This story is told from Milo’s point of view and has a dystopian setting.  Milo and John have been hardened by war, but know what life was like before.  Milo gets pulled from his place at the Head Shed because his genetics should be able to help fight against the invaders.  When they are captured he puts himself in harm’s way to save humankind and the man he loves.  This is the only story I had a bit of a hard time with, it kind of just picked up in the middle of this war and even though the author did some background explaining I just didn’t feel connected to these characters or the story.

 

The cover art by Freddy MacKay is nice, but it depicts firemen of which there are none in these stories.

 

Sales Link: Mischief Corner Books | Amazon | ARe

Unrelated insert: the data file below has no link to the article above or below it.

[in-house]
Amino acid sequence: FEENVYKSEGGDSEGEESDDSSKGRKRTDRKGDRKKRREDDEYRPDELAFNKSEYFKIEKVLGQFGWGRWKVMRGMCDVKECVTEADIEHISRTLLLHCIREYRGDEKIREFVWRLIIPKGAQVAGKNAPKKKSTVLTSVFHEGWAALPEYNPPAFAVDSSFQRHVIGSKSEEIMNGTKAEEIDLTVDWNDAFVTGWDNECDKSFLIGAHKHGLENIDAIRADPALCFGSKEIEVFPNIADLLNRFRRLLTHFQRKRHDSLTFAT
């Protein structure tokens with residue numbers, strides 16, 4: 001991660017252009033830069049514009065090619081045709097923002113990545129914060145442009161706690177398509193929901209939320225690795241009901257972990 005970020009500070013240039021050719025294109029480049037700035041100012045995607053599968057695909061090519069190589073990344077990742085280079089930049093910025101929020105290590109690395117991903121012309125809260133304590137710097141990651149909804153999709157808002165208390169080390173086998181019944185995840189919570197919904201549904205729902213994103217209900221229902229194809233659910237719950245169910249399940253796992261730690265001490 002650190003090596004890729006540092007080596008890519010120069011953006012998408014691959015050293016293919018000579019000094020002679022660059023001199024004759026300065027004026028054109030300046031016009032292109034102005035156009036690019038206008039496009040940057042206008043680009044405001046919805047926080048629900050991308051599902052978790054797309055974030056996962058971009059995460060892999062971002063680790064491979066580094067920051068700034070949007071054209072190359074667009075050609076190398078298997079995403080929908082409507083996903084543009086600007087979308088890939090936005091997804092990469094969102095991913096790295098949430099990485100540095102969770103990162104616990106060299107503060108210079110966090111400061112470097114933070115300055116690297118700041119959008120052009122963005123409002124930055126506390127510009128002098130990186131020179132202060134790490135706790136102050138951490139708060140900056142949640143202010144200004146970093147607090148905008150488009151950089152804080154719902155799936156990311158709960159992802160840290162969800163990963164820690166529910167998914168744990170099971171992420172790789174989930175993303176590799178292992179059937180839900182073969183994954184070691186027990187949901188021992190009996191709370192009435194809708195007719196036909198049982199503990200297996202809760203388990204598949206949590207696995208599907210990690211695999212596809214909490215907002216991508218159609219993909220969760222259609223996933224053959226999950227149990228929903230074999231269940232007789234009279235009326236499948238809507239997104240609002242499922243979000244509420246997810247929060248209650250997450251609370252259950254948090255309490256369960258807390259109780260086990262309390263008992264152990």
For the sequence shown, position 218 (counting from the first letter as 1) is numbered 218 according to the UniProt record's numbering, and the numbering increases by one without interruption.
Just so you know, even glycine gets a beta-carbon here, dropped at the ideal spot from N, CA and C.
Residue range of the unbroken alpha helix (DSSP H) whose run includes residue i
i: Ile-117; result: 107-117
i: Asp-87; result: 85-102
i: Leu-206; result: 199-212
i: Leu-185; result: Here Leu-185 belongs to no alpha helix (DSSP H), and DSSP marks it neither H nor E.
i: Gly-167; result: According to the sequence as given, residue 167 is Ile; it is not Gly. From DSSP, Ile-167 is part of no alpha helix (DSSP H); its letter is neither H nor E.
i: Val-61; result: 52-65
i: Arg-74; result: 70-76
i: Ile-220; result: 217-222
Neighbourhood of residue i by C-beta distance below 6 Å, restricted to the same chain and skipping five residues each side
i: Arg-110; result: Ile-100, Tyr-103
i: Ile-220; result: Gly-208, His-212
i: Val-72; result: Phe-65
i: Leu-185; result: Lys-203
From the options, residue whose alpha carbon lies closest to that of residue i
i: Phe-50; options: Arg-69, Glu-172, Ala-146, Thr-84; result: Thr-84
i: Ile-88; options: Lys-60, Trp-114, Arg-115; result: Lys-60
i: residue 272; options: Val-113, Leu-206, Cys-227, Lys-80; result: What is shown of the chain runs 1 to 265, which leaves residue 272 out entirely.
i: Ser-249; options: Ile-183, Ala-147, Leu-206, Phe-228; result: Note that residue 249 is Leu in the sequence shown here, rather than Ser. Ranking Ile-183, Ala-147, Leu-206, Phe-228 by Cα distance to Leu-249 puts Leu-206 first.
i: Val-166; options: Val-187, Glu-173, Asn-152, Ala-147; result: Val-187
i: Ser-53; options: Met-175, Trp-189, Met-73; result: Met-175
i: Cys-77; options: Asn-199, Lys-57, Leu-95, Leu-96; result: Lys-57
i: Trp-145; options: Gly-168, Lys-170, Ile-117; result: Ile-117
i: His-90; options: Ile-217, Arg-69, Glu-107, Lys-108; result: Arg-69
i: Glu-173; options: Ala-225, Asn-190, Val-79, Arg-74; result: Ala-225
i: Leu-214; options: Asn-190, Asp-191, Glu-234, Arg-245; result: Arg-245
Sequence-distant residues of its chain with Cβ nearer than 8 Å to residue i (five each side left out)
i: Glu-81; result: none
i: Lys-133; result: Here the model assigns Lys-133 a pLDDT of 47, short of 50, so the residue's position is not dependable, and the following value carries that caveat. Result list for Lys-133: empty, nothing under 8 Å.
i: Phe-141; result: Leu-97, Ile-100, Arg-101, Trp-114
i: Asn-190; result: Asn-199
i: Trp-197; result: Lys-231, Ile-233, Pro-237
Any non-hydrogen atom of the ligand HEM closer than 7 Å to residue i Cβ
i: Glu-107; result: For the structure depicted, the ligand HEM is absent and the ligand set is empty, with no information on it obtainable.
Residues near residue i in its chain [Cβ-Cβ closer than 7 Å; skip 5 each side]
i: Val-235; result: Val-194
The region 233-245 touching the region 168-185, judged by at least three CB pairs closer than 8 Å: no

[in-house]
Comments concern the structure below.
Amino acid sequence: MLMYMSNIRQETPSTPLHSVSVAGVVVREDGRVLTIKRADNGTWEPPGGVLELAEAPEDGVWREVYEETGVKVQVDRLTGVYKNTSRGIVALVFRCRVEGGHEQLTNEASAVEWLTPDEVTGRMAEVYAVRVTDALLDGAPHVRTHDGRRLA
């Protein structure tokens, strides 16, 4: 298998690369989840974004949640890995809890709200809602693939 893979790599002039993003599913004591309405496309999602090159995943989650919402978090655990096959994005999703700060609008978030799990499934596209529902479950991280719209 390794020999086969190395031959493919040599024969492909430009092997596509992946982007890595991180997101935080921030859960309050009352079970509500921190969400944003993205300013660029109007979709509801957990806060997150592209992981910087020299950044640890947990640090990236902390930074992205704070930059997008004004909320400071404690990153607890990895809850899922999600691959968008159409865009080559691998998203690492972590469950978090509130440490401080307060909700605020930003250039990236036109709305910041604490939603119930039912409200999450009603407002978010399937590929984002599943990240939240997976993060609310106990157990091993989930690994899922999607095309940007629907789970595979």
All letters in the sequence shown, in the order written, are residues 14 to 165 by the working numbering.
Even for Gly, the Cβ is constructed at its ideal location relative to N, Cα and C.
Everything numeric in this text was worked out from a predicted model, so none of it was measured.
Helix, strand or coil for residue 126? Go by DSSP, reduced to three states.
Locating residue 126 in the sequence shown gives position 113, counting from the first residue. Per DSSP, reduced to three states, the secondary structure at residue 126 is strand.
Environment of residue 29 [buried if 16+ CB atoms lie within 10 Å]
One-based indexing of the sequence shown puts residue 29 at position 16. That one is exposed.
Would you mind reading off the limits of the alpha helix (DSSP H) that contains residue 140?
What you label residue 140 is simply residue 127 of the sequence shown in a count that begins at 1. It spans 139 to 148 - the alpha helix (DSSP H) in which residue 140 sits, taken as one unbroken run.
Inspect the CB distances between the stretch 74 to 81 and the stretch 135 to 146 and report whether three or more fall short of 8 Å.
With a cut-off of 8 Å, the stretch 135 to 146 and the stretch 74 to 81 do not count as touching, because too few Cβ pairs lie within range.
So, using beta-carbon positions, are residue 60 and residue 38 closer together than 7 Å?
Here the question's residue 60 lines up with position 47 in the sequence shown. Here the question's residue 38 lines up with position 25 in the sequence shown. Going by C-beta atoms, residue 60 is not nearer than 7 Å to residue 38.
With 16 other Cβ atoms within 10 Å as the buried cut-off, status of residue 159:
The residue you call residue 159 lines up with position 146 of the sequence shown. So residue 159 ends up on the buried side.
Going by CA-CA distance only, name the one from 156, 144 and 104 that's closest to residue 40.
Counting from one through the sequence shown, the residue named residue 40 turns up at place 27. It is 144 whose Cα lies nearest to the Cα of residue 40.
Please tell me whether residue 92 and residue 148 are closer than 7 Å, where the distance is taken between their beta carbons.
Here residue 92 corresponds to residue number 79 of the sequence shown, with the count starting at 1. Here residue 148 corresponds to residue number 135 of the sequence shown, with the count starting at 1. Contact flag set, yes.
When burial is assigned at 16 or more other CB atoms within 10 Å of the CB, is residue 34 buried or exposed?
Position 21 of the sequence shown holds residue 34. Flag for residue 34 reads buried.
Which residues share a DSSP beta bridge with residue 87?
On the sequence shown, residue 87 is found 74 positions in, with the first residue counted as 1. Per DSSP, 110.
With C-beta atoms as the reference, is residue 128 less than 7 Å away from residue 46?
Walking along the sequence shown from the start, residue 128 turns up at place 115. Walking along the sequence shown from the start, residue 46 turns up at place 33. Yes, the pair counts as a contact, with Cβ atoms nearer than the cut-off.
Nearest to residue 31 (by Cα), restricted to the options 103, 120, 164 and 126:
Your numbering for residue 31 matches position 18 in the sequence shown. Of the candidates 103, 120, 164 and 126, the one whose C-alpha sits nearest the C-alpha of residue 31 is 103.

Book Details:

ebook, 143 pages
Published: July 20, 2016 by Mischief Corner Books
ISBN: 9781925313925
Edition Language: English

A Barb the Zany Old Lady Review: Hexbreaker by Jordan L. Hawk ~ Audiobook narrated by Tristan James

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Rating: 5 stars out of 5

HexbreakerWill a dark history doom their future together?

New York copper Tom Halloran is a man with a past. If anyone finds out he once ran with the notorious O’Connell tunnel gang, he’ll spend the rest of his life doing hard time behind bars. But Tom’s secret is threatened when a horrible murder on his beat seems to have been caused by the same ancient magic that killed his gang.

Cat shifter Cicero is determined to investigate the disappearance of one friend and the death of another, even though no one else believes the cases are connected. When the trail of his investigation crosses Tom’s, the very bohemian Cicero instinctively recognizes the uncultured Irish patrolman as his witch. Though they’re completely unsuited to one another, Cicero has no choice but to work alongside Tom…all the while fighting against the passion growing within.